To investigate the effects of MLT on apoptosis and inhibition of cell proliferation, we analyzed the expression of Bcl-2 and Bax. Bcl-2 mediates antiapoptotic effects by binding to the proapoptotic protein, Bax (Jacobson et al., 1993; Adams and Cory, 2007), which is essential for the formation of pores in the mitochondrial membrane. This induces the release of cytochrome C as the final triggering of apoptosis (Saito et al., 2000; Harada and Grant, 2003). In this study, we found that MLT not only decreased transcription of Bcl-2, but also increased the transcription of Bax. These results suggest that MFC cell death is related, at least in part, to the apoptosis, which is induced by the changes in Bax and Bcl-2. In this research, the results showed that protein levels were decreased but mRNA was not for the 2-mM treatments at 48 and 72 hr, and the same for 4 mM at 72 hr. This may be owing to different mechanisms of protein translation; for example, the activity of promoter being inhibited by methylation or acetylation.

The Cip/Kip family member, p21 is a negative regulator of the G1/S transition of the cell cycle (Gong et al., 2002). In our study, p21 was also analyzed to investigate the antiproliferative effects of MLT. A significant increase was observed in p21 expression.

Many pathways are involved in the oncostatic effects of MLT, some of which can be attributed to the fact that its receptors are expressed in a wide variety of tissues. MT1 and MT2 receptors are expressed both together and in isolation in various tissues. The MT1 MLT receptor (MT1R) is expressed in the suprachiasmatic nucleus of the hypothalamus (SCN), cardiac vessels, kidney, immune system, skin, ovary, or cancer tissue. MLT MT2 receptors are found mainly in the brain, retina, and cancer tissues (Witt-Enderby et al., 2003; Pandi-Perumal et al., 2008).

Numerous studies have shown that MLT inhibits the proliferative activity of tumor cells via MT1R-mediated inhibition of the cAMP signal transduction cascade, resulting in decreased Protein Kinase A activity and decreased CAMP-response element binding phosphorylation (Sauer et al., 2001). The MT1 and MT2 receptors also mediate the inhibition of tumor linoleic acid metabolism to the growth of signaling molecule 13-hydroxyoctadecadienoic acid (Blask et al., 2004), stimulate c-Jun N-terminal kinase activity (Martín-Renedo et al., 2008), decrease MAP kinase activity (Dauchy et al., 2007), and inhibit telomerase activity in breast cancer cells (Leon-Blanco et al., 2004).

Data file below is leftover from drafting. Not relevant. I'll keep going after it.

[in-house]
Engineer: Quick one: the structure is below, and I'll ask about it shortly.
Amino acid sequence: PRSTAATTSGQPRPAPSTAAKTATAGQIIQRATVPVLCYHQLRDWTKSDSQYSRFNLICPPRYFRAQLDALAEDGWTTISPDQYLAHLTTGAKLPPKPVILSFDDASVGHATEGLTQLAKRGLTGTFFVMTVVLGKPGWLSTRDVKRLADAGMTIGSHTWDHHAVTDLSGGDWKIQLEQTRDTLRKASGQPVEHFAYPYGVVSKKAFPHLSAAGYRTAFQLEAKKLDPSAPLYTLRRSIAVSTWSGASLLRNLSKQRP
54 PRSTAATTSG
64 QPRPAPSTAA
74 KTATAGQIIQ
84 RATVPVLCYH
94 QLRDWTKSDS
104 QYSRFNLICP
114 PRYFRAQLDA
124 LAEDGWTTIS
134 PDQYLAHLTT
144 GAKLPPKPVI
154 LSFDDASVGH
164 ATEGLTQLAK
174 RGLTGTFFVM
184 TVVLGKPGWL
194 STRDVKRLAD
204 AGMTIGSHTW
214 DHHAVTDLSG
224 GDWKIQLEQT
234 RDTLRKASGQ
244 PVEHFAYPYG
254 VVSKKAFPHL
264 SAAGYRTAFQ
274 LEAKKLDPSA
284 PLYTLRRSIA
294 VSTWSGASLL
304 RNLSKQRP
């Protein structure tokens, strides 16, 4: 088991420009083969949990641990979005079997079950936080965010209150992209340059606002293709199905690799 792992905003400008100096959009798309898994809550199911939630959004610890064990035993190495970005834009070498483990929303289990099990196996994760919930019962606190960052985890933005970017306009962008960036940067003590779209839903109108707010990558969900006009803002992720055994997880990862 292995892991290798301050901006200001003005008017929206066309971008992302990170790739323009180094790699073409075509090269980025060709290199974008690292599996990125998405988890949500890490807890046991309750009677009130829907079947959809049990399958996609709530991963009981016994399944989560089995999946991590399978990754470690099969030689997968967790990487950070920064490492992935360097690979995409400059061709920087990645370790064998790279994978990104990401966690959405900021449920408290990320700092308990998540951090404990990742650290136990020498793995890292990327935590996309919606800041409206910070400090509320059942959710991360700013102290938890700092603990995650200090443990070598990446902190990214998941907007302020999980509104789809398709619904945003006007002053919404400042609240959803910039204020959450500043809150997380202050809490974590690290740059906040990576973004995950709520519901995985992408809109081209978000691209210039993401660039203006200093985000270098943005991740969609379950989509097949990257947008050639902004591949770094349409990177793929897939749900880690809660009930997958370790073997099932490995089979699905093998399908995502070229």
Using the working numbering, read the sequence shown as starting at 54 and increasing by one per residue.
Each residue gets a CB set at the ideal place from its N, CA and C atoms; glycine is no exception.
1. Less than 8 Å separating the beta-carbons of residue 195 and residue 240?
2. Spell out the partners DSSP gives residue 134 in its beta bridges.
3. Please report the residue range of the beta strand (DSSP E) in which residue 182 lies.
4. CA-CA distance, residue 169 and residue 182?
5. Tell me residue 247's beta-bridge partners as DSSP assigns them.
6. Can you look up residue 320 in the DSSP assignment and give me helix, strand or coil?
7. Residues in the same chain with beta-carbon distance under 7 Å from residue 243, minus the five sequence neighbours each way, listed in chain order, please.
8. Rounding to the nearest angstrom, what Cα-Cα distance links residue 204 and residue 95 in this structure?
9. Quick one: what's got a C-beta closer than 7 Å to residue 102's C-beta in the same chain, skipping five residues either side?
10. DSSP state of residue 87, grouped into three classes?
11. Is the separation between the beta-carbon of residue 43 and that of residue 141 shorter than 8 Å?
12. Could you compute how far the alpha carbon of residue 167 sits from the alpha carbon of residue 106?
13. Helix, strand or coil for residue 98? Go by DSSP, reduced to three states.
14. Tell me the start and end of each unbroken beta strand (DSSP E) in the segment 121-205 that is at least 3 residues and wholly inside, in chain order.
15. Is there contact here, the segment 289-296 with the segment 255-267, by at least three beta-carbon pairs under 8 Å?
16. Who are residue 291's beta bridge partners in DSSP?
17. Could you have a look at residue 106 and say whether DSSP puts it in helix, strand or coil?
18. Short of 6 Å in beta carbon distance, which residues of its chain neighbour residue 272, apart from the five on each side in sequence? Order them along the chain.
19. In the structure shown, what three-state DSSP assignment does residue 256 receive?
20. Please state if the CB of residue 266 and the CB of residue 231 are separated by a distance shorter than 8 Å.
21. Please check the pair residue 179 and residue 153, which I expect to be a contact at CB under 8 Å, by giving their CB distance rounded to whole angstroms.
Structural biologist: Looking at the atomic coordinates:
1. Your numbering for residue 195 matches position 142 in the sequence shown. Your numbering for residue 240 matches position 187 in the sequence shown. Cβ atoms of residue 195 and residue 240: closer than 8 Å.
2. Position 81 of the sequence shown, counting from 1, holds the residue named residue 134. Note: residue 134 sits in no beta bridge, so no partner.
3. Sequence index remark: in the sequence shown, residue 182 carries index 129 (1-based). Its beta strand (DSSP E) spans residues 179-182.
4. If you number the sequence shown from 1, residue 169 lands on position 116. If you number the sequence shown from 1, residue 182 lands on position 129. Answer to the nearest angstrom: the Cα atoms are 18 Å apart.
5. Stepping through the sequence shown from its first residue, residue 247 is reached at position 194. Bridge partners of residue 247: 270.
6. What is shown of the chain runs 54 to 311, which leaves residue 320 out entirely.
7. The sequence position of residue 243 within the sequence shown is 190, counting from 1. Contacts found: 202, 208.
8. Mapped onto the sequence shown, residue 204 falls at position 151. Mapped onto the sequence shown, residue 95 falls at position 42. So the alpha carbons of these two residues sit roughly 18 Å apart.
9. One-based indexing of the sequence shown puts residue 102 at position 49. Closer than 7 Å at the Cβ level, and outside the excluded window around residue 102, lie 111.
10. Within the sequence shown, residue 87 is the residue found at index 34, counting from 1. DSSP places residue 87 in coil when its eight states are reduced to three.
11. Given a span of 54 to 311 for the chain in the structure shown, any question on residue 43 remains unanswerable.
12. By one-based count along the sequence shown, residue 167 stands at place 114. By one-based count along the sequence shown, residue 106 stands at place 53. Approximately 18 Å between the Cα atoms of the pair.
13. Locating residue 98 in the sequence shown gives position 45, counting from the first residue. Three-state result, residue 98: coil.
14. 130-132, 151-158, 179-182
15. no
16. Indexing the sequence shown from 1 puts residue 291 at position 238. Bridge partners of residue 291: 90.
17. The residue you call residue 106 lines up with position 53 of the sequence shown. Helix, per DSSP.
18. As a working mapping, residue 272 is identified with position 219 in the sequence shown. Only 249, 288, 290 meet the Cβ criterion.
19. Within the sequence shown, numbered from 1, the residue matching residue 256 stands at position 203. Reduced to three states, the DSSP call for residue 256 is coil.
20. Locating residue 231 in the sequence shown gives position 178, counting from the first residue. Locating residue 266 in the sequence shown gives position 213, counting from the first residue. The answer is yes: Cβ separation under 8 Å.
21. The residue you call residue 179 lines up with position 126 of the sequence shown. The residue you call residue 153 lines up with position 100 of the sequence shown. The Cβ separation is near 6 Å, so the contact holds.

Similarly, MLT also exerts antiproliferative activity in tumor cells via MT2R a mechanism shown to involve inhibition of cAMP formation and stimulation of PI hydrolysis in various transfected models (Kanishi et al., 2000). In gastric ulcer rats, enhanced expression of MT2 involved in biosynthesis of MLT has been shown to contribute to the acceleration of ulcer healing (Konturek et al., 2008).

In our study, both the MT1 and MT2 subtypes of G protein-coupled MLT receptor were identified in MFC cells. Furthermore, MLT was shown to upregulate gene transcription and protein expression of both MT1 and MT2 in MFC cells.

In conclusion, our results confirm the antitumor effects of MLT in MFC cells, and indicate that the oncostatic effect of MLT is mediated by upregulation of gene and protein expression of Bax and p21 protein as well as downregulation of gene and protein expression of Bcl-2 in MFC cells. It can be speculated that the altered expression of Bcl-2, Bax, and p21 is mediated via different cellular receptors and that the oncostatic properties of MLT are related, at least in part, to changes in the expression of the MLT membrane receptors subtypes. This study indicates that MLT is a suitable adjuvant for use in gastric cancer therapy. However, further studies on MFC cells, using specific inhibitors and siRNA, are necessary to elucidate the contribution of each MLT receptor to the oncostatic effects of MLT.